The sister adds: "There is no way she can provide a wife for David or a sister for me. The only restitution she can make is a lifelong commitment to a daily effort toward making the world a better place for her having survived the crash. She is not required to complete the job of repairing the world, but she must not be excused from starting and continually working at the job. Reform means that she must create a new form of herself-to emerge as a sober person, a thoughtful and considerate person, a contributor. If she can do all of these, I can forgive."
Face to faceThat was two years ago.
Since then, Susanna Kay Cooper has served time in the Washington Correction Center for Women in Gig Harbor, the Tacoma Pre-Release prison and the Longview Work/Training Release facility.
On a rainy day last week, David Lee Myers paid her a visit-his first since the mediation.
They sit face to face at a table in work release.
She moves with a limp. Her hair is blond with a butterfly clip. Her eyes are clear. Small golden crosses triangulate her face-one from each earring and another that glints from a necklace chain that drifts above the tip of a scar where they wired her chest together. A tattoo "L-0-V-E" is on one hand-there since age 17 on the urging of a cousin.
Her body remains connected with help from metal plates and pins in arms and knees, and a rod that serves inside one leg. She has been through many surgeries. She says the pain is building with the years. She says she takes no medication to try to make it go away.
"I just keep telling myself I'm lucky my kids are still alive," she says. "Elaine's family doesn't have that option."
Cooper is older now. She is 27. Myers has turned 50. He wears a nice gray sweater vest that was fashioned by Elaine. He goes to the car and returns to show Cooper his butterfly photos, images on note cards that he will try to sell; images that he describes as his first tentative return to a joyful feeling in his art since the last time he saw his wife. Cooper brightens for only a moment, says she hopes to buy one.
He also brings a photo of his wife. It is for someone else, but Cooper asks if she can hold it. She looks at it directly for 10 seconds or so. She once had a dream, she says.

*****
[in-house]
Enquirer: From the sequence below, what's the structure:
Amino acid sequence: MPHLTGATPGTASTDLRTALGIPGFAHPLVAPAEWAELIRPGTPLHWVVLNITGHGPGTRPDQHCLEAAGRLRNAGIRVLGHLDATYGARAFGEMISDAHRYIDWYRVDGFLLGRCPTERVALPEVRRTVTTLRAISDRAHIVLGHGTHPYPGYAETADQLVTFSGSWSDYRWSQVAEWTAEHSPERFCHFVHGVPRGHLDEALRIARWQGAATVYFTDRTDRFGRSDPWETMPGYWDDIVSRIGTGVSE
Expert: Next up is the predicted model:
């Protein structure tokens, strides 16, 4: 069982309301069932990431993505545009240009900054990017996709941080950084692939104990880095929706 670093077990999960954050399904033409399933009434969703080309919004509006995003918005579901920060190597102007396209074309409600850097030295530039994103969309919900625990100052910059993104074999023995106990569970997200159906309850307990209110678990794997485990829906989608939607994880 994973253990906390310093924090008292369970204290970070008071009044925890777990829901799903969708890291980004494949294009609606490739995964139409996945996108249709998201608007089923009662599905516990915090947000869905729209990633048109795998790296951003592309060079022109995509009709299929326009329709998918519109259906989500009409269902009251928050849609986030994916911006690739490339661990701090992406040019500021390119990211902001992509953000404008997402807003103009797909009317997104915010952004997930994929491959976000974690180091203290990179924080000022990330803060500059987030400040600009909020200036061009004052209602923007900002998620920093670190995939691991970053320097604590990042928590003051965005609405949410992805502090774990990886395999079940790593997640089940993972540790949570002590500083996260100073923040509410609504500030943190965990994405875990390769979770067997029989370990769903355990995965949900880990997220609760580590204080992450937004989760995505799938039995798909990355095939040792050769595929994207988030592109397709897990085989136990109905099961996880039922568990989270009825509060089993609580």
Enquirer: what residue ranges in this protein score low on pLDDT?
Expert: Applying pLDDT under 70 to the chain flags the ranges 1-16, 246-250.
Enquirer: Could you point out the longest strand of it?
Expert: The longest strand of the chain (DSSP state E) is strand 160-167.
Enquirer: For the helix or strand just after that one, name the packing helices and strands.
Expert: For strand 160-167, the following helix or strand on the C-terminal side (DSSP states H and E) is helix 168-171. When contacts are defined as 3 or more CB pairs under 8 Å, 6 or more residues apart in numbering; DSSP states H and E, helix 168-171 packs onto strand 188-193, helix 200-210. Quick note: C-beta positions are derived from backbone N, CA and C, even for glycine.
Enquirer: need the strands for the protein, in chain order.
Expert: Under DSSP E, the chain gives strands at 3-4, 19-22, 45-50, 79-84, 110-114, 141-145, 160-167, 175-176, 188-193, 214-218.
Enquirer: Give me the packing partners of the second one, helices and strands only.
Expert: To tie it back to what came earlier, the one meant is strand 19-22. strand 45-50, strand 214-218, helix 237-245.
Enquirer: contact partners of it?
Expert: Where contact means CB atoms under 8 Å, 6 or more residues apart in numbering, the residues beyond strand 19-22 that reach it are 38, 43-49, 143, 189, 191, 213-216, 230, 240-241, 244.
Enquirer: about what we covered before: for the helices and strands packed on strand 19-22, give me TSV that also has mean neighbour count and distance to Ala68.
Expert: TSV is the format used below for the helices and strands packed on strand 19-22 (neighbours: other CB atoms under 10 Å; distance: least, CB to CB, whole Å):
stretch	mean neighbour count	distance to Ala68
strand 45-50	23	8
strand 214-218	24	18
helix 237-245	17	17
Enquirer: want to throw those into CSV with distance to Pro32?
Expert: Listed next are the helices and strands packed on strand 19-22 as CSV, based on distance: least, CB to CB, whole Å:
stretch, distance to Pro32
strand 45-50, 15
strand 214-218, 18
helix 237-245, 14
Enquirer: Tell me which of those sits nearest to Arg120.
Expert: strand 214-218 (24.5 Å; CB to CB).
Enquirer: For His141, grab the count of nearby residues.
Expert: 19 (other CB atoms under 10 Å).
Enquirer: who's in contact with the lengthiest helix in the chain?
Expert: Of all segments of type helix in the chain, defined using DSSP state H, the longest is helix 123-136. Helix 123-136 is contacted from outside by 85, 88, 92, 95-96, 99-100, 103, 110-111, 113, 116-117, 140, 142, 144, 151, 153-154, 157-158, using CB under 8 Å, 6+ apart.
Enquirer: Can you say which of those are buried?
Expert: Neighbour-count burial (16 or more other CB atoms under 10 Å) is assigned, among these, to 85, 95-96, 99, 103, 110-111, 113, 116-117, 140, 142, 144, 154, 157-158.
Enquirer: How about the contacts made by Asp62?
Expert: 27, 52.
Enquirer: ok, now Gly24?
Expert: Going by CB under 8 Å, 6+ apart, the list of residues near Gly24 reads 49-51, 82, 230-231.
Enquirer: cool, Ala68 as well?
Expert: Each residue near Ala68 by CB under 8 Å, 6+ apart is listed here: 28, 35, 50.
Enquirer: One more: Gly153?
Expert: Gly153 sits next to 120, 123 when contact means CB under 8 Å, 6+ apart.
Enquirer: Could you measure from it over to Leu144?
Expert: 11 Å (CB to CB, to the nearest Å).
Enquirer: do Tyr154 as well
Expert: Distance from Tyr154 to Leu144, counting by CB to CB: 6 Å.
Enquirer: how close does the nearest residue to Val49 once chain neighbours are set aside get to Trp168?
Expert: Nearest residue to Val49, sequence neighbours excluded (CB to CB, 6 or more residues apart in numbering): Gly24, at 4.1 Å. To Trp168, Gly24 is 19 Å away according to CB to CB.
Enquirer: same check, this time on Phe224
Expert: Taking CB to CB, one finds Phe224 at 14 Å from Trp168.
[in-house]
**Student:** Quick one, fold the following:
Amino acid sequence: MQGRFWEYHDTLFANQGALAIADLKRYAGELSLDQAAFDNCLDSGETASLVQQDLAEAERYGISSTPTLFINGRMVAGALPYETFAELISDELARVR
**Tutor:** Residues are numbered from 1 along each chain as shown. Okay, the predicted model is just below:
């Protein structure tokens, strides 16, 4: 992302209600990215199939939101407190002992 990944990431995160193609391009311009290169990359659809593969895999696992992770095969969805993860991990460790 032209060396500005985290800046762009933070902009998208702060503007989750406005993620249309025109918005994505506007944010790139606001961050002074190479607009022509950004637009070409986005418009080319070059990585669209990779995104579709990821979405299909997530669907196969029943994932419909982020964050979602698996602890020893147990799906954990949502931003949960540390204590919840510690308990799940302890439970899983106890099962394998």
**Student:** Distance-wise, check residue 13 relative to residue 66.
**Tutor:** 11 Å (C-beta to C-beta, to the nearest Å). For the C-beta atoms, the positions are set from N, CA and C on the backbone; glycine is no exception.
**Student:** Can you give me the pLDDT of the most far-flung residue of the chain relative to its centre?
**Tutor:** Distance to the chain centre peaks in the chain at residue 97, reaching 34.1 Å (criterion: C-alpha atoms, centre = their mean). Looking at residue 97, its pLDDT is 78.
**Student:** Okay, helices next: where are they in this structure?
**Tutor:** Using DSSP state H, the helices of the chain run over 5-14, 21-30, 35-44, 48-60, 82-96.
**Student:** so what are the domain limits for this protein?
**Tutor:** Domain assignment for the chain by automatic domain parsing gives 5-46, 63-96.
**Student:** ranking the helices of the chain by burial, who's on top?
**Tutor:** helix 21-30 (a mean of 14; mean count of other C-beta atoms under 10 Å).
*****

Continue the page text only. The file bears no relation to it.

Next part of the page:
In this dream, shortly after the wreck, Cooper is on one side of a barn door or a wall, and the woman who died is on the other. In the dream, she can see this woman, but she cannot hear what the woman is trying to tell her. She badly wants to know. Some time after the dream ends, Cooper says, she sees a photo of Myers' wife for the first time. She realizes that the face in the photo is that of the woman from her dream.
According to Elaine's survivors and Cooper's prison counselors, who want to see her succeed, Cooper since then has continued to repent and to become a source of good for the world and her own children. They describe her as shy and full of remorse.
She attends Alcoholics Anonymous meetings. As part of continuing, victim-offender panels, she has spoken to hundreds of driver education students at high schools. She has completed her own high school education. For prison work-release, she has served as a cashier in a Longview no-alcohol club for recovering addicts.
She also has written regularly to her children, attended church each week, studied parenting skills, spoken and corresponded regularly with Elaine's father and other family members.
"I abhor what you did," Elaine's husband tells her, "but I'm really proud of what you've done since then."
Cooper replies, eye to eye, that the death of Elaine is on her hands. One second changed so many worlds. She wonders why she has survived. She says she will do whatever she can, for the rest of her life, to fight drunken driving.
"I wish you well," says David Lee Myers, and then he leaves.
A little later, so does she. Her time inside a prison is done. After serving 23 months, she is to come home for good on New Year's Eve. She is coming home to help raise her children.
She smiles for a second. It makes her golden crosses move. She says she fights a daily fear.
"Of life," she says. "of life."
The Victim-Offender Reconciliation Program (VORP) Information and Resource Center, in Asheville, North Carolina,, provides information, training, public education, technical assistance, consulting and victim-offender mediation and reconciliation services. We serve non-profit organizations, governmental agencies and individuals. The Center specializes in juvenile justice and the mediation of drunk driving fatality cases and other crimes of severe violence.
Our mission is to bring restorative justice reform to our criminal justice system, to empower victims, offenders and communities to heal the effects of crime, to curb recidivism, and to offer our society a more effective and humanistic alternative to the growing outcry for more prisons and more punishment.